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David Barsamian delivers a crash course on ecocide and why we need to question the media

“Humankind is an asteroid on its way to completely destroying the earth,” said David Barsamian in a seminar titled “Ecocide: The War on Nature” on Tuesday, November 3 at UFV’s Abbotsford campus. Barsamian is the founder and director of the award-winning radio show Alternative Radio, as well as a journalist, writer, and activist. This was his second presentation at UFV; the first was in 2014.

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By Angelique Basson (Contributor) – Email

“Humankind is an asteroid on its way to completely destroying the earth,” said David Barsamian in a seminar titled “Ecocide: The War on Nature” on Tuesday, November 3 at UFV’s Abbotsford campus. Barsamian is the founder and director of the award-winning radio show Alternative Radio, as well as a journalist, writer, and activist. This was his second presentation at UFV; the first was in 2014.

The seminar, which was organized by the faculty of science, the Centre for Environmental Sustainability, and English professor Prabhjot Parmar, took place in the lecture hall in B building, where Barsamian gave his presentation with his books and a UFV poster in the background. His lecture focused on the effects of humanity on nature, and the ignorant behaviour of major corporations and the media in response to this important issue.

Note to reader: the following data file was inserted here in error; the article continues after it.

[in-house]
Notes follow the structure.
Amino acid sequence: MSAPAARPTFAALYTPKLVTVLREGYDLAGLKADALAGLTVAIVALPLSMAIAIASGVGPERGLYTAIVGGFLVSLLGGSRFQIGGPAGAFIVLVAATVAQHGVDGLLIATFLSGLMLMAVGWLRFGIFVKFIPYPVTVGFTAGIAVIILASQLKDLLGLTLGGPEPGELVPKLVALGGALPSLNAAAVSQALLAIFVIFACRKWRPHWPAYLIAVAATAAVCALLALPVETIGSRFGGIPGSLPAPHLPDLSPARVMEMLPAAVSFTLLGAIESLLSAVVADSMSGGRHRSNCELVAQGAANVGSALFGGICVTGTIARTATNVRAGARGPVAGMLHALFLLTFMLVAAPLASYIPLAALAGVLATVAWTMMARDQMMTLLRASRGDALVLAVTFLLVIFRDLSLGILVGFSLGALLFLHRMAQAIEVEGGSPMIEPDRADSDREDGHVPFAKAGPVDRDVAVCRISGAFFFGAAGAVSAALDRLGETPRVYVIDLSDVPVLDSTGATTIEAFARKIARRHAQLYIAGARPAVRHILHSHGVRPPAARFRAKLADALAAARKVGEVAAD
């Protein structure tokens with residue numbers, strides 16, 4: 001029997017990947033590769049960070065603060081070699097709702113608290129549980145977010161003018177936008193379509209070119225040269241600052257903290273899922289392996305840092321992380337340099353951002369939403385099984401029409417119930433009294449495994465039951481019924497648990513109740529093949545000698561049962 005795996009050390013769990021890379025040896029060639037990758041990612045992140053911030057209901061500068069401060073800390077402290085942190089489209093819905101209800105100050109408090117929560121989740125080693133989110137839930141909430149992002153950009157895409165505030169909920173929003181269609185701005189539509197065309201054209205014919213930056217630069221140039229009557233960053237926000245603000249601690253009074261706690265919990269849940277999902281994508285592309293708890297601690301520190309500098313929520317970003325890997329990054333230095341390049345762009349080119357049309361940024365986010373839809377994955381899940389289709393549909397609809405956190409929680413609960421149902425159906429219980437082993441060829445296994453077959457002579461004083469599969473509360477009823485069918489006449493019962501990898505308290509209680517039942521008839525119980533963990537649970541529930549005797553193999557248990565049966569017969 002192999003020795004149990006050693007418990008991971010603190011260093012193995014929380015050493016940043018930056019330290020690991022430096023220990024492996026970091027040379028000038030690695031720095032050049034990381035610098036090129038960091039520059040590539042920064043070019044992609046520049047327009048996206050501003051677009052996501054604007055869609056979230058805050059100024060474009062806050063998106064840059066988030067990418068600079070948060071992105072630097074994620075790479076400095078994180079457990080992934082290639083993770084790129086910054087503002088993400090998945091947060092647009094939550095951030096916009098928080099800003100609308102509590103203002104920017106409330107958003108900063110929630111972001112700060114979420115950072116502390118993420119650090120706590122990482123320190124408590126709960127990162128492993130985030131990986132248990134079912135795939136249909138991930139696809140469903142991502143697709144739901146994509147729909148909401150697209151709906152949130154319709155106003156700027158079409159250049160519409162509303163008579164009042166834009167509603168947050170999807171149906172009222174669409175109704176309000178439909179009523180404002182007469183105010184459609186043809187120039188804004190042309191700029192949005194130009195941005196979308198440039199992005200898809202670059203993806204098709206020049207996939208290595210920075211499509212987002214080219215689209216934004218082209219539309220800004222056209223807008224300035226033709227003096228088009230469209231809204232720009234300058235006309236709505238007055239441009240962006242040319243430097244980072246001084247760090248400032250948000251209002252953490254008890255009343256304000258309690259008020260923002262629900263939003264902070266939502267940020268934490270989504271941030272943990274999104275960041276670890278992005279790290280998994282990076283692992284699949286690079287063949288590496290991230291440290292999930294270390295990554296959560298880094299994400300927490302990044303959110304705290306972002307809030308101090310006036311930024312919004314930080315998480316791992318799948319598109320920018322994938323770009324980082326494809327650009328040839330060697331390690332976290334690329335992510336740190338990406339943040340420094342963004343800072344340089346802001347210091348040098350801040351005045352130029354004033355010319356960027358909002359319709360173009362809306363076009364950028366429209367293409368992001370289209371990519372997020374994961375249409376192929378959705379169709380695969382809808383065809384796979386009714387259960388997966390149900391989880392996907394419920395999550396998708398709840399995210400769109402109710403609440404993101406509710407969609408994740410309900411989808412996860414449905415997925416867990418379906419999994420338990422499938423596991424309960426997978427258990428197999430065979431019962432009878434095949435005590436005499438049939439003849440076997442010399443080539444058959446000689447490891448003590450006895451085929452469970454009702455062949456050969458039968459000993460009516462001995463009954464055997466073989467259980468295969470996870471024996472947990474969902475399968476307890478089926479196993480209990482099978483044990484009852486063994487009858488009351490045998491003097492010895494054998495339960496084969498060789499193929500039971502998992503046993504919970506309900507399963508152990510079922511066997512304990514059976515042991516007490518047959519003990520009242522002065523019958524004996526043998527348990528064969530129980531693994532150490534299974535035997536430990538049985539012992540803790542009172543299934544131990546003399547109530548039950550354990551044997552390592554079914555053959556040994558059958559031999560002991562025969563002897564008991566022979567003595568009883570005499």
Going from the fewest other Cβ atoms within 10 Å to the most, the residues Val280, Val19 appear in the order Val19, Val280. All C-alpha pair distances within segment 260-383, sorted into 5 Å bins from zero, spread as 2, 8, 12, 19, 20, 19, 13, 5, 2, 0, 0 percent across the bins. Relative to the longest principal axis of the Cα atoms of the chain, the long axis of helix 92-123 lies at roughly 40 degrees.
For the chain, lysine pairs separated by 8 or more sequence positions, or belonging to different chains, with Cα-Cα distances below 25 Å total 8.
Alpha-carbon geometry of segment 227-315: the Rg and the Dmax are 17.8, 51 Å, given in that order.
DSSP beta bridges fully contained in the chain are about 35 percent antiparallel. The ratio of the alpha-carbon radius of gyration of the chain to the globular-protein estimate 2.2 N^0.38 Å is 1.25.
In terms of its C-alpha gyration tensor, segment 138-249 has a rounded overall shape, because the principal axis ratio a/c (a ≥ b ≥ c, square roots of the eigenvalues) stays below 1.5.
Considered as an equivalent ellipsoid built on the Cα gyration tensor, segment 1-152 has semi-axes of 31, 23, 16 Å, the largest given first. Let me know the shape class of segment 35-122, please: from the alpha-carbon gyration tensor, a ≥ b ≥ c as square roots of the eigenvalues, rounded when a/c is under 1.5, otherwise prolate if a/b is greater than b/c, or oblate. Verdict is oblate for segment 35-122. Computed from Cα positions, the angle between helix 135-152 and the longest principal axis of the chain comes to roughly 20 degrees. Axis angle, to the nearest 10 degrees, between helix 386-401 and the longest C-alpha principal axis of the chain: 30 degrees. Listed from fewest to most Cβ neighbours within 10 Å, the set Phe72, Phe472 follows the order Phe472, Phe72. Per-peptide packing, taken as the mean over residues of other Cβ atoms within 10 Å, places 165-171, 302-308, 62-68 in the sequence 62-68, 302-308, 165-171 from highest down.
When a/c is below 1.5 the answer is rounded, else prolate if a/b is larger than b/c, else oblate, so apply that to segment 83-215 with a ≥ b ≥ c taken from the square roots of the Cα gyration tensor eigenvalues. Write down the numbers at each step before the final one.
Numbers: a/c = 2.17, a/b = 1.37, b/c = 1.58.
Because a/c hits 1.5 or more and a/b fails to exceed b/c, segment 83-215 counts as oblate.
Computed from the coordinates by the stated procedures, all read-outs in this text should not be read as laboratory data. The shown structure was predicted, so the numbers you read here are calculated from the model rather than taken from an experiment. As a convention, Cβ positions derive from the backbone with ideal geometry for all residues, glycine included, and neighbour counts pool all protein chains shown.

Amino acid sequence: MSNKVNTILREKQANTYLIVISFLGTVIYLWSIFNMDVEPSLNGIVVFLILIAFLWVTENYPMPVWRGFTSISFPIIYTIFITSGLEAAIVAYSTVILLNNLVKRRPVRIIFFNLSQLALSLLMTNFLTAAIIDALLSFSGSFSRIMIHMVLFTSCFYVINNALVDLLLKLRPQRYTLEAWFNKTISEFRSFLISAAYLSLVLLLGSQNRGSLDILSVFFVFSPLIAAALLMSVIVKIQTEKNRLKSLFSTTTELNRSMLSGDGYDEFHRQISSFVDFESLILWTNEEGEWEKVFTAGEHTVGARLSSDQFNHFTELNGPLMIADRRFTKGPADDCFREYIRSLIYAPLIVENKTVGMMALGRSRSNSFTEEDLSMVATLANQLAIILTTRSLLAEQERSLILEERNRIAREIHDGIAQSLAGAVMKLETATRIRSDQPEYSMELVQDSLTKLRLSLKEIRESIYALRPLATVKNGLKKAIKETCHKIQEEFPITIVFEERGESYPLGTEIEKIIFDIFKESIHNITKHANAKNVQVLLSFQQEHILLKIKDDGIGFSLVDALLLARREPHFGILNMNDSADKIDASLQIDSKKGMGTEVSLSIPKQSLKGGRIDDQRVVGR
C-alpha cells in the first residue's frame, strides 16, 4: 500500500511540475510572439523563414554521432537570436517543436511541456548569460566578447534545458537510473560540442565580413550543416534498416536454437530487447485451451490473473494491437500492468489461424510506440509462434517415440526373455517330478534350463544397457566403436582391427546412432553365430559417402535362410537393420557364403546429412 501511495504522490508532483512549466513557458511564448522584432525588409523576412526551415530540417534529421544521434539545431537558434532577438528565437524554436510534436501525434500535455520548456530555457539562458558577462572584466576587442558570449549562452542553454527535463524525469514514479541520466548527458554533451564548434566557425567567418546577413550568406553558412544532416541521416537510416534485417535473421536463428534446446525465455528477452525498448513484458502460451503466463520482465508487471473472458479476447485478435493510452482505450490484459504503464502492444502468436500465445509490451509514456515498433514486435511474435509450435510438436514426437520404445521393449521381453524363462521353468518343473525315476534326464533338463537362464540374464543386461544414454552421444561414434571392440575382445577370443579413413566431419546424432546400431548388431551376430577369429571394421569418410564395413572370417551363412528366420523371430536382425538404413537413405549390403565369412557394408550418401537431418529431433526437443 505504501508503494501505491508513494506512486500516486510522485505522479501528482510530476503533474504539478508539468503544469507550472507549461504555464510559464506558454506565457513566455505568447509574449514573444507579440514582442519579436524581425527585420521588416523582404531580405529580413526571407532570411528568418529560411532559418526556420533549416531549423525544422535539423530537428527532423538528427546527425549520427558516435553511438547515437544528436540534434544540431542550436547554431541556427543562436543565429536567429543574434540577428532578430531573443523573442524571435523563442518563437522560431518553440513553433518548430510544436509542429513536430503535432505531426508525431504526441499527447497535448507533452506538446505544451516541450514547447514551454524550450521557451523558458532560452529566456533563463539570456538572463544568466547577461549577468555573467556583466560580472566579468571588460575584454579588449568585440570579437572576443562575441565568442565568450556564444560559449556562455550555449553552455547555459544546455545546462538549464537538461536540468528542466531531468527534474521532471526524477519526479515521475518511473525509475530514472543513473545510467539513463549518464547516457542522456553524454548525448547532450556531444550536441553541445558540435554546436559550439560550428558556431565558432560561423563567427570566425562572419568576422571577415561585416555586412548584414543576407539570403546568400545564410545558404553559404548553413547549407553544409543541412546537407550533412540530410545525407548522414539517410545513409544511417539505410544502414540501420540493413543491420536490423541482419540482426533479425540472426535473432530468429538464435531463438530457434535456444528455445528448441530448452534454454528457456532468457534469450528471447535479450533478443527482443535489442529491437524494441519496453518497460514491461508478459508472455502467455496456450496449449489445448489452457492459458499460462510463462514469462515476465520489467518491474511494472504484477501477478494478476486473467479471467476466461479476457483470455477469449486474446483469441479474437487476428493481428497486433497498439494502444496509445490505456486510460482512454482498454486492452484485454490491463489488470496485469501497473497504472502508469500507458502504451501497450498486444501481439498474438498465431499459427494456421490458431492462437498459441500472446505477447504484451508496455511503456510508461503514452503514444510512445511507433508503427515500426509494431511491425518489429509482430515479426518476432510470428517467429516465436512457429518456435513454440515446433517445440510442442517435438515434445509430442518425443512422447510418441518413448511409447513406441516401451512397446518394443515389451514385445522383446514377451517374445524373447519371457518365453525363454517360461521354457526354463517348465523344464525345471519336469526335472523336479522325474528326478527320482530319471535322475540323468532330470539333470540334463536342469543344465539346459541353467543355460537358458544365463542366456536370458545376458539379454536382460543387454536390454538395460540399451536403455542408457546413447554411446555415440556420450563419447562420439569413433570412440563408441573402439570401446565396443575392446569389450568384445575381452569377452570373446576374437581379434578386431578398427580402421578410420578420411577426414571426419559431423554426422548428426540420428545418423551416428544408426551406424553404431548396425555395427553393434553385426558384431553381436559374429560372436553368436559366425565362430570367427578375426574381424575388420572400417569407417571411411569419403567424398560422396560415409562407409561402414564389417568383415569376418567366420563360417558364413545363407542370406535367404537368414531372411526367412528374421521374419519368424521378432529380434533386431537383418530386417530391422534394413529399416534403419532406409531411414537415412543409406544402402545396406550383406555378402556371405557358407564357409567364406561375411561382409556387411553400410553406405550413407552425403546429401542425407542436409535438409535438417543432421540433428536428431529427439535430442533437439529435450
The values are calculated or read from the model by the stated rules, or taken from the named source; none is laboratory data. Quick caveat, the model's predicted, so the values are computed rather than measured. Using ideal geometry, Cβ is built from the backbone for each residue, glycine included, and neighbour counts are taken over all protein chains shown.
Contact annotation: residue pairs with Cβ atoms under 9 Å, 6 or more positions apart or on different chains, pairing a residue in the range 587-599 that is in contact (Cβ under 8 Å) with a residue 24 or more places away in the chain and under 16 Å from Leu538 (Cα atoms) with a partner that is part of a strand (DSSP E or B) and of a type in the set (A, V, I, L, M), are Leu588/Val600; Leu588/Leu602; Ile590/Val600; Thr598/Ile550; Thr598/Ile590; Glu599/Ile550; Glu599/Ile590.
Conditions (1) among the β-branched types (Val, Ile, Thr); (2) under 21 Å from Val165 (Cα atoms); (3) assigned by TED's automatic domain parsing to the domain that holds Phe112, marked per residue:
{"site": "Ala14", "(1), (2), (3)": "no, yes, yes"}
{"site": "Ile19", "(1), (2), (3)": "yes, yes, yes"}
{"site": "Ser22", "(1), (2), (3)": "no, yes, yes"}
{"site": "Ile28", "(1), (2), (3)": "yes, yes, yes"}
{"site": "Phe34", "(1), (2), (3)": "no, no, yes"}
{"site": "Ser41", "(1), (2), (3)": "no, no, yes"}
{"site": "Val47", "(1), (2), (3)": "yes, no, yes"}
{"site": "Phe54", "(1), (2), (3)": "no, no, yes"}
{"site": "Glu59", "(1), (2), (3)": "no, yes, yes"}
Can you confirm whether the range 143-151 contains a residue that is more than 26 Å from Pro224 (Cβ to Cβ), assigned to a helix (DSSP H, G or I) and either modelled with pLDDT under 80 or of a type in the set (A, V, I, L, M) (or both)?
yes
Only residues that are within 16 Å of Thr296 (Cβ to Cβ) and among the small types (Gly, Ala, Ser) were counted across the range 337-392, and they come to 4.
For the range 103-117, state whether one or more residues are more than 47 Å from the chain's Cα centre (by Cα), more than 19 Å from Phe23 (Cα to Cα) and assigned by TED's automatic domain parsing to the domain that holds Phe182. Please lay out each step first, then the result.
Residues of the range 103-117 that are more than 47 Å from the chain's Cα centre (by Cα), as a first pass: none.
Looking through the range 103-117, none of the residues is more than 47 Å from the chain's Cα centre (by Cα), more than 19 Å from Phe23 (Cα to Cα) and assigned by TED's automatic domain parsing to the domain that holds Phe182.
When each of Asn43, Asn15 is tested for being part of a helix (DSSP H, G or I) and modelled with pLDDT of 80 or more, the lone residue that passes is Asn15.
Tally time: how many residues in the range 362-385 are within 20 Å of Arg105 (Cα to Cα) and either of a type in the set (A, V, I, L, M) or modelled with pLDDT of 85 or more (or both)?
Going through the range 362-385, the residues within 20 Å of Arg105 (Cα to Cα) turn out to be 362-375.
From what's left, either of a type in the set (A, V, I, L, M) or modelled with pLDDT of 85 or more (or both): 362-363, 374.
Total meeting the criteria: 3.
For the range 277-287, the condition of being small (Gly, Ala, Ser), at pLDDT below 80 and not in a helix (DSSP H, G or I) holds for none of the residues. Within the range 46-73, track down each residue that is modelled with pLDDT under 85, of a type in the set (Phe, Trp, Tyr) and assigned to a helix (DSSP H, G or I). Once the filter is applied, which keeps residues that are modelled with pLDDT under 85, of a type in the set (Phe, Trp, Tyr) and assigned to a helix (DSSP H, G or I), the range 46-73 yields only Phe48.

To begin his lecture, Barsamian highlighted how this past July the Fraser Valley experienced not only a drought, but the highest temperatures on record to date. Emphasizing that we “cannot put a stock market price on fresh air, water, or untouched land,” he argued that these extreme changes were due to climate change, and that immediate action is required in order to prevent more forest fires.

Barsamian is also known for his work with political commentator Noam Chomsky, with whom he shares a critical view of modern consumerism and the power of the media as a manipulative force. He described the capitalist economic system as being “on a crash course with the world” and referred to the media as a “weapon of mass distraction.” He predicts that “we will ultimately choke on fumes from our own waste” because modern society is too distracted by the overload of entertaining but useless information in modern life, rather than paying attention to what matters. For example, one of Barsamian’s points that shocked the audience was that the world’s biggest fracking companies are situated right here in Canada. This information was unknown to most of the audience.

According to Barsamian, the distracting force of the media prevents society from deciding, as a united front, to take action in defence of the environment. He fears it will only be when “Granville Island is completely submerged in water” that it will dawn on people that the planet’s climate is changing because of humanity’s reckless misuse of resources. Near the end of the discussion, there was a 20-minute question period during which Barsamian was inundated by questions from audience members wanting to know about the possibilities of solar energy, the correlation between agriculture and climate change, and how they could make a change.

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